May 28, 2013

The Accidental Discovery of a Sears Custom Home

Beginning in 1930, Sears began heavily promoting their custom home design and construction services. Rather than using the Sears standard house plans, the customer could create a custom plan. According to the Modern Homes catalog: "If you have been unable to select a design from our Modern Home Catalog that meets your requirements, you should not fail to take advantage of this special plan service, our experienced organization and low prices on high quality material."

These custom Sears houses are nearly impossible to identify since they are one-of-a-kind.

I recently saw a house in Glenview that vaguely resembled a custom Sears house I had seen featured in the 1938 Modern Homes catalog.


The buyer of the custom Sears house was the pastor at the First Moravian Church in Riverside, NJ.  The catalog did not say where the house was built, but I believe it was in Merchantville, NJ.

1044 Golfview Road, Glenview. The houses really aren't that similar (and the Glenview house is much larger), but I wondered if the same architect designed both. To me, this house had the "Sears look".

Intrigued, I searched the Chicago Tribune archives for the address. I found a 1936 article that stated the owner of the house was General William H. Rose. 

Ka-ching! 

Rose was the General Supervisor of the Sears Modern Homes Department. I knew this house was a Sears custom house; now I just needed some proof.

Fortunately, the current homeowner had the scoop. She already knew that the house was built by Sears. And she had a copy of the original blueprints!


The blueprints clearly state that the client was General and Mrs. W.H. Rose, and that the plans were from the Home Construction Division of Sears, Roebuck & Co. The date is 11/13/1933. Photo courtesy of Jurdis Walton.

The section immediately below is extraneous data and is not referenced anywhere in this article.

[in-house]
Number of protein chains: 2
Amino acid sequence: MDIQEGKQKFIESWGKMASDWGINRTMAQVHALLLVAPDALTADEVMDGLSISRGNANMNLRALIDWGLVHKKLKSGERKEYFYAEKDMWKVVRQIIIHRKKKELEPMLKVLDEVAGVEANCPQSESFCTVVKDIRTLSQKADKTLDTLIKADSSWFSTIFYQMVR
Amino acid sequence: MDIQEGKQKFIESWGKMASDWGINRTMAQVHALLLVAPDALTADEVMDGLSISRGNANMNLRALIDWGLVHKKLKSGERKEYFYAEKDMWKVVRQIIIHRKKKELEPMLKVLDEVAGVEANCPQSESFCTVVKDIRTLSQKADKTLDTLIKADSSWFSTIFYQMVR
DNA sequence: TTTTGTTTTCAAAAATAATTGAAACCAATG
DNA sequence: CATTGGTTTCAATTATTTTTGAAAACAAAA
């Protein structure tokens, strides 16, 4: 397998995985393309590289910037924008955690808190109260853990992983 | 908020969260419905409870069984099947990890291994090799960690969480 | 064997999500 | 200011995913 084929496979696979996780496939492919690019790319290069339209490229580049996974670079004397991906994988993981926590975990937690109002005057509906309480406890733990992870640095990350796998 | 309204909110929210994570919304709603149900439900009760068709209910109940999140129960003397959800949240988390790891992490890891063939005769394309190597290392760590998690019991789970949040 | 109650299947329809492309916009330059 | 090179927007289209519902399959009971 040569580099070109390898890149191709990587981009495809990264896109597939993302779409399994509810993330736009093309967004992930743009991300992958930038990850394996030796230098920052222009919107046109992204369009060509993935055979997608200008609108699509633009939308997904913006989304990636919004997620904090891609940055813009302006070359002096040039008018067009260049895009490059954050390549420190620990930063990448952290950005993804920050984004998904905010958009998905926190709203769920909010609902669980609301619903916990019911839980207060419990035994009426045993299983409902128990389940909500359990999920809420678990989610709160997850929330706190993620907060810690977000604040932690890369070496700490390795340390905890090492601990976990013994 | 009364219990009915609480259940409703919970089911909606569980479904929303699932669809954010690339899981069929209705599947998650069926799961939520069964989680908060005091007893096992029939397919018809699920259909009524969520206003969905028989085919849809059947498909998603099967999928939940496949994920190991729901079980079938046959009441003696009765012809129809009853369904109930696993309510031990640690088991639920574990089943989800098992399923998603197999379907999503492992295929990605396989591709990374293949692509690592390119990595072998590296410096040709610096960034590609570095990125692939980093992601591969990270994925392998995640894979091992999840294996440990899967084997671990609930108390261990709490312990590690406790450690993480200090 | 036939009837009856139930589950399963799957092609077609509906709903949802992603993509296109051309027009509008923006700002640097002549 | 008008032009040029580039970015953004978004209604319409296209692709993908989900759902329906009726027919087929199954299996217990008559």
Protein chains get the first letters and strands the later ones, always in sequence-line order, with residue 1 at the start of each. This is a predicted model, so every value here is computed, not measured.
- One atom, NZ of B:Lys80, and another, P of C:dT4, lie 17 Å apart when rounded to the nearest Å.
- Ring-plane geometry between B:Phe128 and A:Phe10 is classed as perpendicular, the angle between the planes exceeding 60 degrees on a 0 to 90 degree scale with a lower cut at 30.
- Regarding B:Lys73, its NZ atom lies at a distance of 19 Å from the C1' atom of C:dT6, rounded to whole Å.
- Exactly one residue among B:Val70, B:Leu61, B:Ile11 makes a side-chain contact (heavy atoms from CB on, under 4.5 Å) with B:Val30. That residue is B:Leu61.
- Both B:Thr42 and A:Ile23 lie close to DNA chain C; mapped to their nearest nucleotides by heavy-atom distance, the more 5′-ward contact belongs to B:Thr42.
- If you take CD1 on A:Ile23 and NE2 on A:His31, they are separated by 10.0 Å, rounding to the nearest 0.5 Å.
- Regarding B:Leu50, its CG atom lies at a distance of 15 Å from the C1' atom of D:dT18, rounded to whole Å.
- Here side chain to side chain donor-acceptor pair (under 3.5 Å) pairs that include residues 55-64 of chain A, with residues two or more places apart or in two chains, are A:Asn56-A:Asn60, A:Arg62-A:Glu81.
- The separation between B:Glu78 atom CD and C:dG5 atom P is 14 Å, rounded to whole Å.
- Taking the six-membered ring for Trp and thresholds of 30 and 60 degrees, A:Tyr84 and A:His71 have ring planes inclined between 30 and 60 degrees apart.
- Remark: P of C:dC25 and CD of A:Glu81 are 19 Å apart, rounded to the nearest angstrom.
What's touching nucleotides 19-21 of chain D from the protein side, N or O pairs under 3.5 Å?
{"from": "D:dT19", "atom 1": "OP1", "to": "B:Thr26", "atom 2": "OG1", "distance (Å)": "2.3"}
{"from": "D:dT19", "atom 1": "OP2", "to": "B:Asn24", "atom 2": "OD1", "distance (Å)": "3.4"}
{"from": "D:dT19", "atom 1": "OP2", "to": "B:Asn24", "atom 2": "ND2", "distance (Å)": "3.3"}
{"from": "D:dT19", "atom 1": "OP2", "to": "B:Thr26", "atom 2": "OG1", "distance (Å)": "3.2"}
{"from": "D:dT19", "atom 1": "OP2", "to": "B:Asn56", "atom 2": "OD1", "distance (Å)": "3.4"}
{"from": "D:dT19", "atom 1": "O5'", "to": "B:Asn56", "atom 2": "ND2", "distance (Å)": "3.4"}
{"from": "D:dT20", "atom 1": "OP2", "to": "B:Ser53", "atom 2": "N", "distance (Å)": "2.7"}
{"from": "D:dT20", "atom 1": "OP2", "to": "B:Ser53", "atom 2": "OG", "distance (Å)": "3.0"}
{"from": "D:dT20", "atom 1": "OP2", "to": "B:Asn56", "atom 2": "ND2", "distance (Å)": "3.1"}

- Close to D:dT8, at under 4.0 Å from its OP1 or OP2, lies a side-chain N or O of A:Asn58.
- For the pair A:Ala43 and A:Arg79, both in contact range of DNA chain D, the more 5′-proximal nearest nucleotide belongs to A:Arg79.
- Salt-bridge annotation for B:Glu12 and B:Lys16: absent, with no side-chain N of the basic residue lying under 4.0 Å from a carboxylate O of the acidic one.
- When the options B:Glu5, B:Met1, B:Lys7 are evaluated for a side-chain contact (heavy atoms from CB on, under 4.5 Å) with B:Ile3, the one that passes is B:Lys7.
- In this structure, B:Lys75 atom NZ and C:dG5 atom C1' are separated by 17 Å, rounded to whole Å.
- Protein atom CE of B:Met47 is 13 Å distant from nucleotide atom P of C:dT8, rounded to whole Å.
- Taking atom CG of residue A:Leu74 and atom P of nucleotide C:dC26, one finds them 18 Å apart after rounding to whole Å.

On the blueprints, there is a "Drawn By" field and the initials "BTL". I believe these initials stand for B.T. Lourim, an architect who was working for Sears at the time.
I wonder how many people already know their houses are Sears houses but have never mentioned it.

Presenting... the General W.H. Rose house.


East side of the house. Photo courtesy of Nina Yoo.
West side of the house.


This house was built in 1934 or 1935, and originally sat on 2.25 acres.

The house is largely original. According to the homeowner, only the kitchen was expanded and a bathroom added to one of the bedrooms.

The interior walls are made of plywood. This was not typical of Sears houses, although plywood was gaining popularity in the 1930's so maybe the Roses wanted to jump on that trend.

William H. Rose retired from the Army
 in 1919 with rank of Brigadier General. He was one of the engineers who worked on the Panama Canal, and a couple of his children were born in Panama.

General Robert E. Wood, who led Sears, Roebuck for many years, served with Rose in World War I. Wood joined Sears in 1924 and Rose joined sometime after. By 1930 Rose was working for Sears and his family was living in Chicago.


The Roses moved to Bradenton, Florida in 1940 and General Rose
became the special assistant to the Deputy Chief of Engineers, U.S. Army.

By 1943, Edward P. Byrnes and his family were living the house. He was the owner of a trucking business--North Shore and Central Illinois Freight. He also was a member of the Glenview village board in the mid-1960's. Mrs. Byrnes served as a trustee for the Glenview Public Library.

The current homeowners bought the house in 1986 from the Byrnes family. 



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